But alas, he is not alone in having behaved thus.
Even with my short experience of such things I too have been approached by sincere people who have seen in my work certain meaning or significance that I had certainly not consciously put there.
Sometimes it is very flattering; other times I am simply bemused and scratch my head.
It wasn’t until after some reflection that I started to make some sense of what was occurring.
For example, one guy (who claimed to be a RL psychologist) gave me a “virtual personality analysis” based on the content of my films. It would be unfair to say that his analysis was totally wrong but it was, in my opinion, very incomplete.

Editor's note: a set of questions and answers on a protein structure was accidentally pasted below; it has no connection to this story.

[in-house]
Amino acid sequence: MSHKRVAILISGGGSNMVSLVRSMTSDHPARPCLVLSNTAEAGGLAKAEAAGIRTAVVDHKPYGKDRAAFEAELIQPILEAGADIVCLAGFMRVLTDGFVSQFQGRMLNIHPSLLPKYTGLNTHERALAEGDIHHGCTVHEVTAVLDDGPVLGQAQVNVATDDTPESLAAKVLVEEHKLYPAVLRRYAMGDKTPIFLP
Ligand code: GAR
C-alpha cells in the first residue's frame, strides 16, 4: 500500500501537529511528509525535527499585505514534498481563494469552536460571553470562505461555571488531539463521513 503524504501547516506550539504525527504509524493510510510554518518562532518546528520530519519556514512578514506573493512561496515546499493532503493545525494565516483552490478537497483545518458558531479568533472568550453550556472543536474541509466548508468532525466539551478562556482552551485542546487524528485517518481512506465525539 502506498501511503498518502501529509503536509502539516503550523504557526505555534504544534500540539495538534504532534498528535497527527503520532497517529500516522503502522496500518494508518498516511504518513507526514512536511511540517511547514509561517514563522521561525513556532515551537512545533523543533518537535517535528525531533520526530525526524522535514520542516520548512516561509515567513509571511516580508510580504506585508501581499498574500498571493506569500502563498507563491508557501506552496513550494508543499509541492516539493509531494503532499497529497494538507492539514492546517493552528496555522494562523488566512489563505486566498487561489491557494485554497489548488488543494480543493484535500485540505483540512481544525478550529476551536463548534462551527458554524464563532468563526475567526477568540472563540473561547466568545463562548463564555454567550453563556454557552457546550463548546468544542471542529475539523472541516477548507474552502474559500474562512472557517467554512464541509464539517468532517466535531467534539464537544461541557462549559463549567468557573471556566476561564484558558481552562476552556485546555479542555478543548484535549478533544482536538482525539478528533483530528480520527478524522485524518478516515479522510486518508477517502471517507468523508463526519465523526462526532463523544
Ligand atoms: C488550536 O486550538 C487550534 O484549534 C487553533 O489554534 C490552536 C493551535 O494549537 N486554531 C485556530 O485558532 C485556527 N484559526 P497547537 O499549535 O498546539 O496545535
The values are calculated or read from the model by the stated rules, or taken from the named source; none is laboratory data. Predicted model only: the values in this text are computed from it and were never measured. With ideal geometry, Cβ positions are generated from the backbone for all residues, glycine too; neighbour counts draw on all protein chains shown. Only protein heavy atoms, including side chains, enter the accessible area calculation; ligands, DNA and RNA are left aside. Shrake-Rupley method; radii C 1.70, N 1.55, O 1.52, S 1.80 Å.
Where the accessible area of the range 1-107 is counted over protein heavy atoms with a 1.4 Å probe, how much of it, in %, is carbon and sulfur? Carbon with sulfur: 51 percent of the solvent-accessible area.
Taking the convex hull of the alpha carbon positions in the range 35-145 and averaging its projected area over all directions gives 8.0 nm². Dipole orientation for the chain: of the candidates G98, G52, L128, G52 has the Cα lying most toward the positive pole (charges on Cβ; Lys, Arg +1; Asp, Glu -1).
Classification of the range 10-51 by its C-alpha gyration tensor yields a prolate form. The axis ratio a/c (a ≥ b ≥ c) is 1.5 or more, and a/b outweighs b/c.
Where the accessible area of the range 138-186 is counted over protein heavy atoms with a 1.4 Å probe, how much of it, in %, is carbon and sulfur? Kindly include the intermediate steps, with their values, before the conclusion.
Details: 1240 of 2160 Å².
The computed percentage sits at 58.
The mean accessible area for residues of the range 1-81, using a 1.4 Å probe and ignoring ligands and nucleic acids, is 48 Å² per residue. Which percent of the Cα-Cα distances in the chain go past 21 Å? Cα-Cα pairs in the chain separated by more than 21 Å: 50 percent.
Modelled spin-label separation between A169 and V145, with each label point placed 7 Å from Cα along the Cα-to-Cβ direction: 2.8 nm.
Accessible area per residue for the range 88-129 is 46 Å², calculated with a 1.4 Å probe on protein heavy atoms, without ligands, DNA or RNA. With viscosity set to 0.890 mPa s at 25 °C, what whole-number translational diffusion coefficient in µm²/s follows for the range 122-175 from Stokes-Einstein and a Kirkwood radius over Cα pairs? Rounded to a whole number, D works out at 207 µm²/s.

“Secret Slut,” was his professional and most likely projected, self-serving diagnosis.
Very incomplete. And therefore of little practical use.
Another time, soon after the release of ‘PsychoKiller’, I received a series of anonymous emails of a rather unsavoury sexually violent nature.
The writer of these emails was utterly convinced that I would find them a turn-on. He was also very wrong.
Their main problem was they were trying to form a complete conclusion based on only partial data. Although making machinima is “labour of love” type work, it would be a gross exaggeration to go on and say “it is the mirror of my soul”.
When we create a piece of writing, or produce a film, a sketch or painting, a sculpture or whatever we are offering *part* of our psyche for examination. This is both the nature of creativity itself and then choosing to display that creative act publically.